The Trump administration believes that “nations should support extending the UN conventional arms embargo on Iran,” Secretary of State Mike Pompeo announced on Saturday, setting the United States up for a fight with Russia in the United Nations Security Council.
The five permanent members of the Security Council agreed in 2015 to lift economic sanctions on Iran as part of a deal to limit the Iranian nuclear program. President Donald Trump denounced the agreement and imposed what his State Department calls “super maximum economic pressure” on Iran in 2018.
The Security Council is supposed to lift its ban on Iran buying or selling conventional weapons in October 2020 as part of the 2015 agreement. Iran’s surprise launch of a military satellite last week could be an opportunity for the Trump administration to destroy the last vestiges of the deal.
“This satellite launch vehicle and others launched before it incorporates technologies identical to, and interchangeable with, ballistic missiles, including longer-range systems such as intercontinental ballistic missiles,” Pompeo wrote in a statement on Saturday. “All peace-loving nations must reject Iran’s development of ballistic-missile capable technologies and join together to constrain Iran’s dangerous missile programs.”
The Secretary of State had said at a Wednesday press conference that the satellite launch was not “remotely” consistent with Security Council Resolution 2231, which implements the 2015 deal.
Brian Hook, the U.S. State Department official in charge of Iranian affairs, had argued at a February briefing that the United States is still defined as a “participating member” in Resolution 2231, and so can stop the Security Council from lifting the arms embargo.
“I think that is something that is available to the United States should it decide to use it,” he told reporters. “We are out of the deal, so our energies are focused on measures that we can do unilaterally.”
The New York Times reported late on Sunday that the Trump administration has drawn up a legal strategy to do just that.
But other Security Council members, including Russia and China, may argue that the United States is no longer a member under Resolution 2231. Russia has already ruled out extending the arms embargo—raising the possibility of a contentious legal fight if Moscow simply ignores declarations from Washington.
Richard Johnson, who served as acting deputy lead coordinator for Iran Nuclear Implementation at the State Department until 2018, is “not convinced” that the United States has the legal standing to force the Security Council to keep the arms embargo alive.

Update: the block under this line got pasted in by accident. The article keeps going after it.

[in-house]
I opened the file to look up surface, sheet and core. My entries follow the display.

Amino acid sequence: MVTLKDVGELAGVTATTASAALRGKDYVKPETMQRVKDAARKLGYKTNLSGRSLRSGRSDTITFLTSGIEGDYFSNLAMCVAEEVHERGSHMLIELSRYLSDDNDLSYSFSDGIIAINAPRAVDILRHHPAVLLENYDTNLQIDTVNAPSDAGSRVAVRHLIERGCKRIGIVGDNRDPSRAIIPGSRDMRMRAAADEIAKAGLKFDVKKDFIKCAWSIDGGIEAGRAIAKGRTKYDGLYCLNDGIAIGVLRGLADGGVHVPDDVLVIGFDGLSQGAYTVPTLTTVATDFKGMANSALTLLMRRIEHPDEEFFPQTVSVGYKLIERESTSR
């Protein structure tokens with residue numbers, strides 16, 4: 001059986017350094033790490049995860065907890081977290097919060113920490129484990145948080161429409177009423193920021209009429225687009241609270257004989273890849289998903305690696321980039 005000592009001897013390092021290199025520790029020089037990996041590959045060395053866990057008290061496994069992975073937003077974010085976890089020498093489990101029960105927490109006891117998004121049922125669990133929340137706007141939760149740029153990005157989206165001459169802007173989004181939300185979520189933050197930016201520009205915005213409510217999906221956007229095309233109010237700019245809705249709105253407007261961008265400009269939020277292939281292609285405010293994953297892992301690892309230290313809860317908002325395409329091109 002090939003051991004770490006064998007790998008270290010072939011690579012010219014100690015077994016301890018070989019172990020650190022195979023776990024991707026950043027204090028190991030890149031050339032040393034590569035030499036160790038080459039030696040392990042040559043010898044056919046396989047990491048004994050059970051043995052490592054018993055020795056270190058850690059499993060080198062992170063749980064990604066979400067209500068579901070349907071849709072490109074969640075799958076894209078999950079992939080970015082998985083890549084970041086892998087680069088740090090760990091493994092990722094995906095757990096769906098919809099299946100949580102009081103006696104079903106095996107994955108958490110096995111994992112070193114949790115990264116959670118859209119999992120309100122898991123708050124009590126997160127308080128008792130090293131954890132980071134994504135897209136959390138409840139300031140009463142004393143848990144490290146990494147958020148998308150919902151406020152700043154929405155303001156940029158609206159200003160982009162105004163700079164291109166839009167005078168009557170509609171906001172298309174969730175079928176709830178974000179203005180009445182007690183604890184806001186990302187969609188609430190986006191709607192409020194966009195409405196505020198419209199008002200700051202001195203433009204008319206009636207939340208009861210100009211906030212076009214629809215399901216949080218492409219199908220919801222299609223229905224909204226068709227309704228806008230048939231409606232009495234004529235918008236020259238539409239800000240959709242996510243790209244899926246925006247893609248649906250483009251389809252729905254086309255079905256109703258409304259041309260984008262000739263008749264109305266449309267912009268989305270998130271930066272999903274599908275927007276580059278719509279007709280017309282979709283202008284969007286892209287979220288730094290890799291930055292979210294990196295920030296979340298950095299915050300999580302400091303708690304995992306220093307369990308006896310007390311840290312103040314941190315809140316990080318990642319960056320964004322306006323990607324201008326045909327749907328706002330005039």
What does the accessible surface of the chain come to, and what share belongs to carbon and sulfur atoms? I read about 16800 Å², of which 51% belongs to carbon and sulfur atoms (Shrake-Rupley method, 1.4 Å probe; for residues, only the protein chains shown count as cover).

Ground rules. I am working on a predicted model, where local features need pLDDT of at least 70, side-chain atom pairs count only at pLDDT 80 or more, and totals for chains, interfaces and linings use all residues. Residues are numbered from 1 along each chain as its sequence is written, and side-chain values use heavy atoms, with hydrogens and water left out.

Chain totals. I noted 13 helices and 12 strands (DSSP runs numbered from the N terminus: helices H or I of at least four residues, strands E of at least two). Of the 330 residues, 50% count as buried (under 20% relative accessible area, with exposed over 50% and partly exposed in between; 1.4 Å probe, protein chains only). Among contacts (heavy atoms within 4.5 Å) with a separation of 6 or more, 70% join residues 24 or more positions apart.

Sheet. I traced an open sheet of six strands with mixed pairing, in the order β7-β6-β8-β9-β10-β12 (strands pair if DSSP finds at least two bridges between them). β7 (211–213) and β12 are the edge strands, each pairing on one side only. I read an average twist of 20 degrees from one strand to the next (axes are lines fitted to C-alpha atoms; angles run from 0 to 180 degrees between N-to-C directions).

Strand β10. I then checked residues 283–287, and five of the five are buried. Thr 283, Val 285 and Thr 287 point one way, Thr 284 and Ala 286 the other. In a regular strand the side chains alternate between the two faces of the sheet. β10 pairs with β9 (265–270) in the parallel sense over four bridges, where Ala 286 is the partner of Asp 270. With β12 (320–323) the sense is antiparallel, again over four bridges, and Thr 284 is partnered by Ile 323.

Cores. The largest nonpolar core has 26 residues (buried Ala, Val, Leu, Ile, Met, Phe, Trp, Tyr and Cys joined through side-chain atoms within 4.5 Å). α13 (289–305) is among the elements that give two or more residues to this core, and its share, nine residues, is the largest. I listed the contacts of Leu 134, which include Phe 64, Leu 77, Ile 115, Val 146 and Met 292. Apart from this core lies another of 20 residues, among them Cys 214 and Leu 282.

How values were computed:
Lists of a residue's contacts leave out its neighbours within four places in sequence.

“It depends on how much the Trump administration cares about preserving the United States’s role as a neutral arbiter in international spaces,” he told the National Interest. “They might get away with it, but it would be ugly.”
Hook had said in February that “it would be diplomatic malpractice” to allow Iran to re-enter the weapons trade.
Johnson, who now serves as senior director for fuel cycle and verification at the Nuclear Threat Initiative, claimed that the Trump administration is “overdramatizing” the issue.
United Nations resolutions related to Lebanon, Yemen, Libya, North Korea, and other countries would keep Iran from having “carte blanche” to buy and sell weapons, he argued, adding that the threat of a legal fight over the arms embargo could be the Trump administration “trying to put pressure on the Europeans.”
Iran has threatened to break nuclear restrictions on a regular basis in response to U.S. economic pressure—and already has broken some—but European countries are reluctant to punish Iran and throw away the remaining elements of the 2015 agreement.
Iran continues to allow international inspectors to monitor its nuclear program, and the European Union has condemned the Trump administration’s economic pressure campaign.
Britain, France, and Germany triggered the deal’s “dispute resolution mechanism” in January, which could have set in motion a process to re-impose international sanctions within weeks. But the European states have stalled on any further action.
Germany later confirmed that the Trump administration had threatened it with economic pressure in order to trigger the mechanism.
Matthew Petti is a national security reporter at the National Interest. Follow him on Twitter: @matthew_petti.